So, the longer this goes on, the more options there will be available. This is a VERY GOOD THING! We're a long way from herd immunity and from a vaccine. This means that a good many of us will (after we've managed to avoid a "peak" that would have overwhelmed healthcare systems) probably have to get back out there and take our chances. Otherwise there will eventually be nothing left--at some point all of the manufacture and supply chains will break down if we don't get out there and keep them going. How that will be accomplished is the kind of thing that is being debated at various levels of government at the moment. I assume it will be accomplished in stages with lots of precautions, but don't be surprised if many things get started back up again by the end of May.

    Cordially,
    S&S
     
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  8. John Tat

    John Tat Senior Registered

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    No government has the right to tell/ask people to go back to work and risk the health of both themselves and there families... Only people can decide that... If people are punished by there governments by withdrawing there support for making the decisions not to risk there's and there families lives by disregarding there governments decisions to ask/send them back to work then the United Nations should step in and put a stop to it ... No government has the right to tell/ask there people to take such risks with themselves and there families... then enforce those decisions in ways that force's them back to work There is a fine line between encouraging the expansions of a welfare state and proper and save ways to go about things With the coronavirus that line is now blurred and may force governments to make judgments on peoples rights for health reasons not to work ...if that is what they choose to do when governments have no rights to impose on peoples rights in these matters.. then the highest courts in the lands will never allow governments to do it as all of the current laws and regulations on unemployment have no relevance to the people rights on coronavirus health issues
    As the experts say a vaccine is the only way back to some resemblance of normality ... A vaccine is at least twelve months away then another twelve months to manufacture enough doses to have the desired effects..then at least another two years before all of the world's economies are back in unison with each other...as each recover at different rates... All government's need to plan for the results that is going to have... There is no doubt at all that the living standards in all of the advanced economies are going to take a big hit as they struggle to get some resemblance of there economies back on track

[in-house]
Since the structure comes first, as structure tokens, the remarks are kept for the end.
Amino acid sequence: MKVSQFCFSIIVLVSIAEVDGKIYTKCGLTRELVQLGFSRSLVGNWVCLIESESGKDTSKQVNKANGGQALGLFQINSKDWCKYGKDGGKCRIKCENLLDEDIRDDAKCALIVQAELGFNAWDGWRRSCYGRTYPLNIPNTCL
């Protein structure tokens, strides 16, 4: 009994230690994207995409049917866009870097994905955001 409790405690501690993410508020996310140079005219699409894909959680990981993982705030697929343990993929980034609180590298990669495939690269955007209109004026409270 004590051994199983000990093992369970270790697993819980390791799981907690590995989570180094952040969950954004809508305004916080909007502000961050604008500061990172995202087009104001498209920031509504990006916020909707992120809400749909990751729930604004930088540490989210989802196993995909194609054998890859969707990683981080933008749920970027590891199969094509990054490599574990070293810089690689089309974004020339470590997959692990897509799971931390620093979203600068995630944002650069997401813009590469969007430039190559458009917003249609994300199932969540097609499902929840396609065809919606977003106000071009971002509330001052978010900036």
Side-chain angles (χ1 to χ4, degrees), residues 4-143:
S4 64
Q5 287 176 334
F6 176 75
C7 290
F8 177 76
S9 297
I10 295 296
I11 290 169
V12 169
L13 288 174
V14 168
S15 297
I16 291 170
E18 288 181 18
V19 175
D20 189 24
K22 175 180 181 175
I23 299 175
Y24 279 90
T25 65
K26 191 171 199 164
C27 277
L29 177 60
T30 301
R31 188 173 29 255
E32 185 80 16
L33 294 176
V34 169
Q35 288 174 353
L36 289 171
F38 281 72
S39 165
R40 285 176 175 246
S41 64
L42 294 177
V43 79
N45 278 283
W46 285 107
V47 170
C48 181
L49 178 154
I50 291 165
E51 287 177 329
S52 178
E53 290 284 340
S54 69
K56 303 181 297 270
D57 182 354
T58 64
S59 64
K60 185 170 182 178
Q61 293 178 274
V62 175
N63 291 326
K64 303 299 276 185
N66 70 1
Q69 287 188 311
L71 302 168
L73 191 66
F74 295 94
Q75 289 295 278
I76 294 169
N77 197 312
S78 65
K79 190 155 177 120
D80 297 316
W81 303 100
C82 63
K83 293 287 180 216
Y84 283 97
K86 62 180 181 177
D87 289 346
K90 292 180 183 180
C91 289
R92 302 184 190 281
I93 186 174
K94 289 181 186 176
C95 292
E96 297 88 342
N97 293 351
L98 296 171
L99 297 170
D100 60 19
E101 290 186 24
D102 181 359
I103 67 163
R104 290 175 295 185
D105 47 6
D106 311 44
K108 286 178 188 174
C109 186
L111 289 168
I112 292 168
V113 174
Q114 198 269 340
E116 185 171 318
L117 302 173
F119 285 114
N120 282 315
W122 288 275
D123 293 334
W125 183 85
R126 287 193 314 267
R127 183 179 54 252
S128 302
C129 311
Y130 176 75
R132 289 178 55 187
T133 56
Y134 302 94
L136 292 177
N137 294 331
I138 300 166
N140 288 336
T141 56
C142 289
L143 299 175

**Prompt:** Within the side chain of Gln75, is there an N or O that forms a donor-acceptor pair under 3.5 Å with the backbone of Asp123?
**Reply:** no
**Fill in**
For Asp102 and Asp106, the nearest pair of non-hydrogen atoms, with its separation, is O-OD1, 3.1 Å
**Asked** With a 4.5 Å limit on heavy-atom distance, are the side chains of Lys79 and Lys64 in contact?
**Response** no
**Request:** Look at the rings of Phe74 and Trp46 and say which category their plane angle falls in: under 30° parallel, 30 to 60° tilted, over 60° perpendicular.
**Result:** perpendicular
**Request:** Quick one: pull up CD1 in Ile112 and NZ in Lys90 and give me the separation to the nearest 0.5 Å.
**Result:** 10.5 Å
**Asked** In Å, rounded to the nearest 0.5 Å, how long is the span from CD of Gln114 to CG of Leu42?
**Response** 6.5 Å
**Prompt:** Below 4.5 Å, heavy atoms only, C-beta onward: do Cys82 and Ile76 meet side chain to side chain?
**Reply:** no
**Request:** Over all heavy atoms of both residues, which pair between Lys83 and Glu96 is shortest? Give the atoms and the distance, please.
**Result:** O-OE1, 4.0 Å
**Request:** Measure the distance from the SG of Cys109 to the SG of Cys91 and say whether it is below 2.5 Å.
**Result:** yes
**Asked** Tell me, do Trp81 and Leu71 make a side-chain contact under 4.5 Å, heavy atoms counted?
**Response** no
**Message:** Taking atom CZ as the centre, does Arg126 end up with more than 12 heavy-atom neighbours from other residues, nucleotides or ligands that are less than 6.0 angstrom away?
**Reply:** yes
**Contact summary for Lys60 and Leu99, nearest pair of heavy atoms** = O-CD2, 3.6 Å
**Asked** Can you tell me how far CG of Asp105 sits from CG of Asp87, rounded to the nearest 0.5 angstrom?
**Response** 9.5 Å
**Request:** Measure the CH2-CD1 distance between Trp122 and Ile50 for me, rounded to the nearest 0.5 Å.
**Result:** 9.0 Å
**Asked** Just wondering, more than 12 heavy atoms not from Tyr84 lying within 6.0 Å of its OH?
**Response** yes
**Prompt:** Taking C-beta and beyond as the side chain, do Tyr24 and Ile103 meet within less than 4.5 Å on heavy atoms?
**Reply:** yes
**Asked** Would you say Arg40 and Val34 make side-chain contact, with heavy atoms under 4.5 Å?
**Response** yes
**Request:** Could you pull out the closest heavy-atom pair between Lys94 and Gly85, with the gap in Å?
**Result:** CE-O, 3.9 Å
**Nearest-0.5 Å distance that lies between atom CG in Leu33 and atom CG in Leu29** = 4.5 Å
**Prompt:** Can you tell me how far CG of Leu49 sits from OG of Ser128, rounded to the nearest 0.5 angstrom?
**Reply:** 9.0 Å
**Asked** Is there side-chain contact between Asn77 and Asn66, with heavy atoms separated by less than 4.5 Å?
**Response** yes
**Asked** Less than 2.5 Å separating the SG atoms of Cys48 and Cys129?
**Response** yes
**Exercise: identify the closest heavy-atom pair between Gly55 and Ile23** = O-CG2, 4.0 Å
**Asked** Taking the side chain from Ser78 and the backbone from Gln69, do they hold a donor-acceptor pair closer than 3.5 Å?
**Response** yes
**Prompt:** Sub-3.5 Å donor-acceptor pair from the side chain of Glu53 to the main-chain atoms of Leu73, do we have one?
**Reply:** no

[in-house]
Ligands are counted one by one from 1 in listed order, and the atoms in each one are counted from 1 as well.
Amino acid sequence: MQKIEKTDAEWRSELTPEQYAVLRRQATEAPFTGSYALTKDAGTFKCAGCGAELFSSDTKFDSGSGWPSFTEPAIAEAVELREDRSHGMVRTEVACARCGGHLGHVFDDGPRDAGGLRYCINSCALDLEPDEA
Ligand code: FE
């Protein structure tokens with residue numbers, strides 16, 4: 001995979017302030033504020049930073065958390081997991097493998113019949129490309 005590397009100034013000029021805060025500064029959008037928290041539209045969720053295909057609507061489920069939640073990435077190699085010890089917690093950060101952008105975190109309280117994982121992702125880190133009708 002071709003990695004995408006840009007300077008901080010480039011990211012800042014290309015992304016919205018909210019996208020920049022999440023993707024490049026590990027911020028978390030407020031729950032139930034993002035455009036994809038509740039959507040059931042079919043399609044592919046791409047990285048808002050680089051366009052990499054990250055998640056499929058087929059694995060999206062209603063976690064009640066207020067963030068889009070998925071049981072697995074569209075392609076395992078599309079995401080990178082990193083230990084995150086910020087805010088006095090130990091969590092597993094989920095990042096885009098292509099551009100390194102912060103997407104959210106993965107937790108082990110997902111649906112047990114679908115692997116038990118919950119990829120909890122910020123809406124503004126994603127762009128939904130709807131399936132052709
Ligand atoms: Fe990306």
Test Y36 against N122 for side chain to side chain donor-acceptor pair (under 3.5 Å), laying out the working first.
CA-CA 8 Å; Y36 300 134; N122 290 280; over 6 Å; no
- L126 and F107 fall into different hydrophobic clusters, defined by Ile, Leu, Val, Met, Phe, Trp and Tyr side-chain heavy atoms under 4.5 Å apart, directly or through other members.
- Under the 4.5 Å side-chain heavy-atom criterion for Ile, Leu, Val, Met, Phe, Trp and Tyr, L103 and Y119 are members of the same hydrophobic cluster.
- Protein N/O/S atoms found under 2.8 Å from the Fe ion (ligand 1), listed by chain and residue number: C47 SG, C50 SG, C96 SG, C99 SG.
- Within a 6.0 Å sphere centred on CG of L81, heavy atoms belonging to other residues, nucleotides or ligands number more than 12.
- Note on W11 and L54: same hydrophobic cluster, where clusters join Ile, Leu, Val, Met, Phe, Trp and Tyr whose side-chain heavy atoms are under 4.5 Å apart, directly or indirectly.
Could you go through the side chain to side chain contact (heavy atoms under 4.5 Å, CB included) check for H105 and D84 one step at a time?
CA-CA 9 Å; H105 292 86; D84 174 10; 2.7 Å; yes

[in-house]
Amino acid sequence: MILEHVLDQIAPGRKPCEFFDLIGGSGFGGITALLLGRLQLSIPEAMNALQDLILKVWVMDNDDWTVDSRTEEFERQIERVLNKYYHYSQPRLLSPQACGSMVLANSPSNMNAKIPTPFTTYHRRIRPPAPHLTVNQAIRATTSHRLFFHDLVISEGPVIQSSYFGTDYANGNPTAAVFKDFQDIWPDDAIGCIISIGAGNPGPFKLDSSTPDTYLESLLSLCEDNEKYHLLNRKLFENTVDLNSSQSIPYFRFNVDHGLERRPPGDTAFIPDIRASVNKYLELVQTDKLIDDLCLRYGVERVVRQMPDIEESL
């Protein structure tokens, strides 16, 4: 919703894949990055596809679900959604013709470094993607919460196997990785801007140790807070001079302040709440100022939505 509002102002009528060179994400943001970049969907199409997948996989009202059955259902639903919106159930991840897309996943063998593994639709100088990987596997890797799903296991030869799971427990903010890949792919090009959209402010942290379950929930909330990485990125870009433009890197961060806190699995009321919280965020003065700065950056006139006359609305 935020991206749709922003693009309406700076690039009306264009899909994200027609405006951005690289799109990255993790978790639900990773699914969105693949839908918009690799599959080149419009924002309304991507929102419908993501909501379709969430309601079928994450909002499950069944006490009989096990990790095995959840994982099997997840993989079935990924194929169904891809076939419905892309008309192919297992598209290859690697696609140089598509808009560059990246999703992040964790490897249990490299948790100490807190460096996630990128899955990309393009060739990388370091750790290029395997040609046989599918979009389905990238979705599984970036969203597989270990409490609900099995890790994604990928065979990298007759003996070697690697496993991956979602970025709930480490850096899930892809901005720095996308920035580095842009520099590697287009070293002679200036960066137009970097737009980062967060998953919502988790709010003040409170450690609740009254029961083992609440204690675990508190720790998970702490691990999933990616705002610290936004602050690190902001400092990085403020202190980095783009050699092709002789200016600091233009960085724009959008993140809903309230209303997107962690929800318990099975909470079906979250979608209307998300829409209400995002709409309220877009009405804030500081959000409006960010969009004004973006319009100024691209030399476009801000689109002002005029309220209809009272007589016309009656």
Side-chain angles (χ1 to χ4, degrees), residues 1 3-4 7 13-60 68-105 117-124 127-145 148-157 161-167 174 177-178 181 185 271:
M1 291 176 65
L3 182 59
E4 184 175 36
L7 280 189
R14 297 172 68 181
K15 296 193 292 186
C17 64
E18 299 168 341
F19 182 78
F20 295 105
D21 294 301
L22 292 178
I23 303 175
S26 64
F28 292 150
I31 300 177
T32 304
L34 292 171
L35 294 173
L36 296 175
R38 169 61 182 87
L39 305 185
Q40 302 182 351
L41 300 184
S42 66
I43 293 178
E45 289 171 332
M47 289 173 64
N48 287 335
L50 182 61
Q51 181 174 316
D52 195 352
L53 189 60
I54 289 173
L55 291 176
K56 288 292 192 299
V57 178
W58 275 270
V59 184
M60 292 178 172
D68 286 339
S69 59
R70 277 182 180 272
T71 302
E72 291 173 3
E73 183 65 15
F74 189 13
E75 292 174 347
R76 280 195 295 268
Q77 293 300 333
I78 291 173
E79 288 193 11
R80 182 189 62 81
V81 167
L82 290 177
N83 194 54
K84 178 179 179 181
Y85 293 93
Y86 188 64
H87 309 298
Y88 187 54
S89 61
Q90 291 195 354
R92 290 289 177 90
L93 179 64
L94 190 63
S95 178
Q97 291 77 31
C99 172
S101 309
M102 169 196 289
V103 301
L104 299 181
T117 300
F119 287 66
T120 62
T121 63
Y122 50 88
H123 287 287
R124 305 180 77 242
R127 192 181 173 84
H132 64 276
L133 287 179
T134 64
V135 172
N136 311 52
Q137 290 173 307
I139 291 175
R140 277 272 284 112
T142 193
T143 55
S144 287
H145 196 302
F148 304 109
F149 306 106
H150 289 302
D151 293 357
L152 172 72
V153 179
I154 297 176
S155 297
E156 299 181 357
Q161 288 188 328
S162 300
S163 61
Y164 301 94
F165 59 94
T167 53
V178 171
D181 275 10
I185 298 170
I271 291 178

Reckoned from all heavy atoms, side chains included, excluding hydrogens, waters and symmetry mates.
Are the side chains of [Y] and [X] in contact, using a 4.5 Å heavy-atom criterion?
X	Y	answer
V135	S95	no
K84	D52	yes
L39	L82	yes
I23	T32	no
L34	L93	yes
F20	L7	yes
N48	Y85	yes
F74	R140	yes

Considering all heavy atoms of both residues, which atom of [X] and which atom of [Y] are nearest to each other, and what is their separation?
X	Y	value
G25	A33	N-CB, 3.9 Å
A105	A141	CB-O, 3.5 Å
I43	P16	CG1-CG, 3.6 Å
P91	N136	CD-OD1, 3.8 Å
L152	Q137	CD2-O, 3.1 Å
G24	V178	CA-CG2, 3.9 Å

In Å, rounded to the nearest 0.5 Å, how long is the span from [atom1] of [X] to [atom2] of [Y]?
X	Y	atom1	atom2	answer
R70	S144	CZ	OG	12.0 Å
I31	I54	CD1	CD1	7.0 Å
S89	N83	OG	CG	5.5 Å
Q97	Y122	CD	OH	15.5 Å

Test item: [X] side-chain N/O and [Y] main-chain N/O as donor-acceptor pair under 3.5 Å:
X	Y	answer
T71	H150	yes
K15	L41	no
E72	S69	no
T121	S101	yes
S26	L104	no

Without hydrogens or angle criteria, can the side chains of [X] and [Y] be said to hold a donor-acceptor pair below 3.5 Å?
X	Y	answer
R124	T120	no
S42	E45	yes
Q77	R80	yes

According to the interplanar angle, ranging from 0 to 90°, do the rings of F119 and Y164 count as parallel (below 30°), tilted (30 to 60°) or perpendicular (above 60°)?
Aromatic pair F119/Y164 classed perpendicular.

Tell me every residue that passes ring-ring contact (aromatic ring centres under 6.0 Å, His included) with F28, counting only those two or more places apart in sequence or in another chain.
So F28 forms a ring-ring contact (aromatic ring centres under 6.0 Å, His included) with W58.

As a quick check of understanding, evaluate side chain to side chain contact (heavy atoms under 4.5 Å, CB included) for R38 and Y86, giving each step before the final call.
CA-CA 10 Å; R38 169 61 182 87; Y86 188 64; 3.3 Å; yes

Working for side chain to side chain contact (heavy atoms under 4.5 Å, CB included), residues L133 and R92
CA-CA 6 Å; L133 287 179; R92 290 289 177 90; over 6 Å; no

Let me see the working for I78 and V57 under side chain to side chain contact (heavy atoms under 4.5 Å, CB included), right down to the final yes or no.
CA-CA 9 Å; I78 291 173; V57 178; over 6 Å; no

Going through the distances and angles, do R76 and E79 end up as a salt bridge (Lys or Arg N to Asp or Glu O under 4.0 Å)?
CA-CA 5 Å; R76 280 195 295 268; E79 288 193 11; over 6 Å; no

Last edited: Apr 12, 2020
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  9. SeaAndSky

    SeaAndSky Senior Registered

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    Hi John,

    People will have to make choices. When the employer says come back to work (with precautions in place), people will do so or ?? lose jobs I guess. Maybe they'll get a chance for an extended non-payed furlough, I don't know. No one can be forced to work outside of the military unless there is a change in the law (at least in the U.S.), but government cannot afford to pay support to more than a limited percentage of the population. At some point the dangers--and I mean real "failed state" type dangers--from avoiding contact are going to outweigh the danger of spreading Wuhan. When the food riots start, the lights go off, etc.--it is too late.

    In any case, things are brightening up for the U.S. prospects:

    https://finance.yahoo.com/news/100-times-safer-now-early-204833052.html

    https://www.yahoo.com/news/cdc-director-robert-redfield-estimates-144730874.html

    We'll be opening back up again in the not too distant future. Probably in some places by the end of April, in others by the end of May. However, without precautions this will just lead to the beginning of another infection cycle. So, that is the big question. What do we need to do to prevent things from getting out of hand. It is almost impossible to eliminate the virus completely without a vaccine. What we can hope to do is limit the case load to prevent things from overwhelming the healthcare system and protect the most vulnerable. Eventually herd immunity and/or a good vaccine will be in place. In the meantime, we continue to fine-tune treatment and diminish fatalities.

    Just my opinion . . . .

    Cordially,
    S&S

    PS--At the least, everyone should get used to wearing a mask anytime they are out in public for the foreseeable future. Over time the quality will improve to the point that they are also a protection for yourself as well as a protection for others.
     
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  10. SeaAndSky